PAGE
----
German parliament remembers former chancellor Helmut Kohl
Germany's parliament has honoured former chancellor Helmut Kohl at a memorial, remembering him as the architect of German reunification but also as someone who was not without flaws.
Norbert Lammert, the parliament speaker, said that because of Mr Kohl "the peaceful unity of our country and a free and pacified Europe is today a reality".
Mr Kohl, who spearheaded German reunification in 1990 and was an architect of the euro, died on Friday aged 87.
Remembering the party financing scandal that embroiled Mr Kohl after he left office in 1998, Mr Lammert said the former chancellor himself "acknowledged some mistakes".
Mr Lammert told Chancellor Angela Merkel, president Frank-Walter Steinmeier and others that "Mr Kohl's path was sometimes painful, sometimes caused by himself and sometimes caused by others".
Mr Kohl is being honoured with an official European memorial event, a first for the European Union, at the European Parliament on July 1.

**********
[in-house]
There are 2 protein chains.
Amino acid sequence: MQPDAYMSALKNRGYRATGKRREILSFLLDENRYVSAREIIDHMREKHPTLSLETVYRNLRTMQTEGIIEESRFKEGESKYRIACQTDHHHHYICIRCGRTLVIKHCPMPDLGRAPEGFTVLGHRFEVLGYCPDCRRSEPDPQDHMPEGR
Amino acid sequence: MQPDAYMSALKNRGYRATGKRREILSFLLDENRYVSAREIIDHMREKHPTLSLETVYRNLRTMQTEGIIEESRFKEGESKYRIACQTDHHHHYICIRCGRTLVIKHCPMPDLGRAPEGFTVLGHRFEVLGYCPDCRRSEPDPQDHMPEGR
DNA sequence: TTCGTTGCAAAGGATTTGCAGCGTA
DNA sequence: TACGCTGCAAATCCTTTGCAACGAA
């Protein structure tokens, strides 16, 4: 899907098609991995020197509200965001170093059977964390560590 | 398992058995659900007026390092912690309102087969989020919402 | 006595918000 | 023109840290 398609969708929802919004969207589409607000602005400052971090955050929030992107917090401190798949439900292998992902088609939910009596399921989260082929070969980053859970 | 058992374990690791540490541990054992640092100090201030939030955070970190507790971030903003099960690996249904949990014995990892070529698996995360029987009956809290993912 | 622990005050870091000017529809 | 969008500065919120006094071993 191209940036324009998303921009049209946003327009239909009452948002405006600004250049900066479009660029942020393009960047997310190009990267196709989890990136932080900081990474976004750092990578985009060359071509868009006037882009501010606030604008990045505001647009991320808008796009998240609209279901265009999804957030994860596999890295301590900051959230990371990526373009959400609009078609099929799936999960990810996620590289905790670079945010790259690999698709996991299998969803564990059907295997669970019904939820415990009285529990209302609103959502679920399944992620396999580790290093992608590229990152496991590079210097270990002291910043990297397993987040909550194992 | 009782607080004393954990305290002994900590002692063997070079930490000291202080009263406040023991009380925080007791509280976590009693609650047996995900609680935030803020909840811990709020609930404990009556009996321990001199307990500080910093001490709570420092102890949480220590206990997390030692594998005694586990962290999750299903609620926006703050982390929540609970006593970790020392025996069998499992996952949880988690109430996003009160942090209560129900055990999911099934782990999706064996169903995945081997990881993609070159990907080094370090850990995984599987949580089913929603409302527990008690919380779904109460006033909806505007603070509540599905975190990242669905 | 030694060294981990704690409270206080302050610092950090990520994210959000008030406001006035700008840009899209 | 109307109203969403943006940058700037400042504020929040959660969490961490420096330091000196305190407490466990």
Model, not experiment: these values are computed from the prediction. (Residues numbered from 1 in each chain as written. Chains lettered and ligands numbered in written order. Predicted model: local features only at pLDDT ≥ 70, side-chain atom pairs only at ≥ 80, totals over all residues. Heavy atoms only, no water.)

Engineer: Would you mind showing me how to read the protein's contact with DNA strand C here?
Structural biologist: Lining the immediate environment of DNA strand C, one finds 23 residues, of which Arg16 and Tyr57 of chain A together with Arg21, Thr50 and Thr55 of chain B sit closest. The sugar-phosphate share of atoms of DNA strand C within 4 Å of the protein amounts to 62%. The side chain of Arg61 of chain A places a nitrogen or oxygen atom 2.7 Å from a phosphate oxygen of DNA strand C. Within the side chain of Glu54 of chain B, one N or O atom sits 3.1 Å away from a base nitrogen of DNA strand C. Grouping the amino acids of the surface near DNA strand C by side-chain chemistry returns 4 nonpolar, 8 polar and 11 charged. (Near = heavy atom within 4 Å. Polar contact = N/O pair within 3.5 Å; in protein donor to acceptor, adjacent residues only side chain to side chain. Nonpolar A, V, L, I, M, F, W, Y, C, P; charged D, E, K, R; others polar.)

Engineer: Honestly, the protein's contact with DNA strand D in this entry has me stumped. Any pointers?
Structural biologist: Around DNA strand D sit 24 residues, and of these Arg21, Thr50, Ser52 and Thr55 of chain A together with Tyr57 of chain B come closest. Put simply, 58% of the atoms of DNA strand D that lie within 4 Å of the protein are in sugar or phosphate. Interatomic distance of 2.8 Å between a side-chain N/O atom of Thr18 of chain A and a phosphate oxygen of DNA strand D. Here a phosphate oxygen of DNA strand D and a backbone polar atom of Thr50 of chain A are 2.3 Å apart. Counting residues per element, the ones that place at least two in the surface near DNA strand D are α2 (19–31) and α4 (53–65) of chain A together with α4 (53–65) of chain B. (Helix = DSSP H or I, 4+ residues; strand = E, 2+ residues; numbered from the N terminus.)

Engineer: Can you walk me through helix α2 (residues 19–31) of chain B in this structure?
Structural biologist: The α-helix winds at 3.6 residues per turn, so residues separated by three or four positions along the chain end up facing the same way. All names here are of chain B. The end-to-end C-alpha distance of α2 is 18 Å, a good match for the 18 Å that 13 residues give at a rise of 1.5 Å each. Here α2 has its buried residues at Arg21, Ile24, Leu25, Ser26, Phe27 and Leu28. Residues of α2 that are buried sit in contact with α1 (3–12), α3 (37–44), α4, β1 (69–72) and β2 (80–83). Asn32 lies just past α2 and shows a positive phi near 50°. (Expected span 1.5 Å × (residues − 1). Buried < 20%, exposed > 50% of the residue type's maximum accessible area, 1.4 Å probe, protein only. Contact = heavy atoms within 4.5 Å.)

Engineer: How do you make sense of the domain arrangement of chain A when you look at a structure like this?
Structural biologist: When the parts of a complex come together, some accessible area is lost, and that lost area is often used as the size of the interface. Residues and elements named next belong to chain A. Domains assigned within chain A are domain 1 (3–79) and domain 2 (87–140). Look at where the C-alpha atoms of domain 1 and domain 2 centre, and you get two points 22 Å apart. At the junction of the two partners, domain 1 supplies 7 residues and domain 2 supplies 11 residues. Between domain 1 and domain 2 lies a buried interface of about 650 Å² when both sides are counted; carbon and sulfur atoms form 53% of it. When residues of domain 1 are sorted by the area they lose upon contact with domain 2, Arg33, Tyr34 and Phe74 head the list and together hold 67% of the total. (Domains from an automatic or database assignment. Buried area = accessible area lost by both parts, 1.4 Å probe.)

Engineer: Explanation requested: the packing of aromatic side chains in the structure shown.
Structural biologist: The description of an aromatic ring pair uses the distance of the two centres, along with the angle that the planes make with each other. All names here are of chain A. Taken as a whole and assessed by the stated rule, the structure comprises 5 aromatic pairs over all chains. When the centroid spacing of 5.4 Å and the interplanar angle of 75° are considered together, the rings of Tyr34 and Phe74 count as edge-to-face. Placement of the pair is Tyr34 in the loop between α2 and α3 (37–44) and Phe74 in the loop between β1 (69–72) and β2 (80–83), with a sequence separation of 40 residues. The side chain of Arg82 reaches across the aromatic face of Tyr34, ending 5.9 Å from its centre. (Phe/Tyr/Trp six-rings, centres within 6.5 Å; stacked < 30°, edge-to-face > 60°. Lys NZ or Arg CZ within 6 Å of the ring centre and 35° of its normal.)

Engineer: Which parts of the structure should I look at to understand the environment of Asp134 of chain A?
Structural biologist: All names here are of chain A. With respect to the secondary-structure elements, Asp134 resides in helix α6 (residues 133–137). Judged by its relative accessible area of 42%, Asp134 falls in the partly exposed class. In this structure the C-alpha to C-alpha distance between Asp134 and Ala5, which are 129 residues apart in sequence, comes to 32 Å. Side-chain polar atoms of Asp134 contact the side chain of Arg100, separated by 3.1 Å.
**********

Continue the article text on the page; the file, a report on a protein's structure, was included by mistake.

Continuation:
A requiem mass will then be held at the cathedral in Speyer, in Mr Kohl's home region, where the former leader will also be buried.
Unusually, however, there will not be a state funeral in Germany beyond the official European event - apparently at Mr Kohl's wish.
Mr Lammert, a member of Mr Kohl's party, remarked in his speech to parliament that the location and format in which Mr Kohl is honoured for his political work in Germany is "with all due respect, not just a family matter".
Mr Kohl's death has highlighted rifts in the ex-chancellor's family.
He had fallen out with his two sons and one of them, Walter Kohl, said he and two of the former leader's grandchildren were turned away from Mr Kohl's home when he tried to visit on Wednesday.
Stephan Holthoff-Pfoertner - a lawyer for Maike Kohl-Richter, Mr Kohl's widow and second wife - accused the younger Kohl of ignoring earlier efforts to organise contact and deliberately setting up the scene by turning up unannounced. Walter Kohl denied that.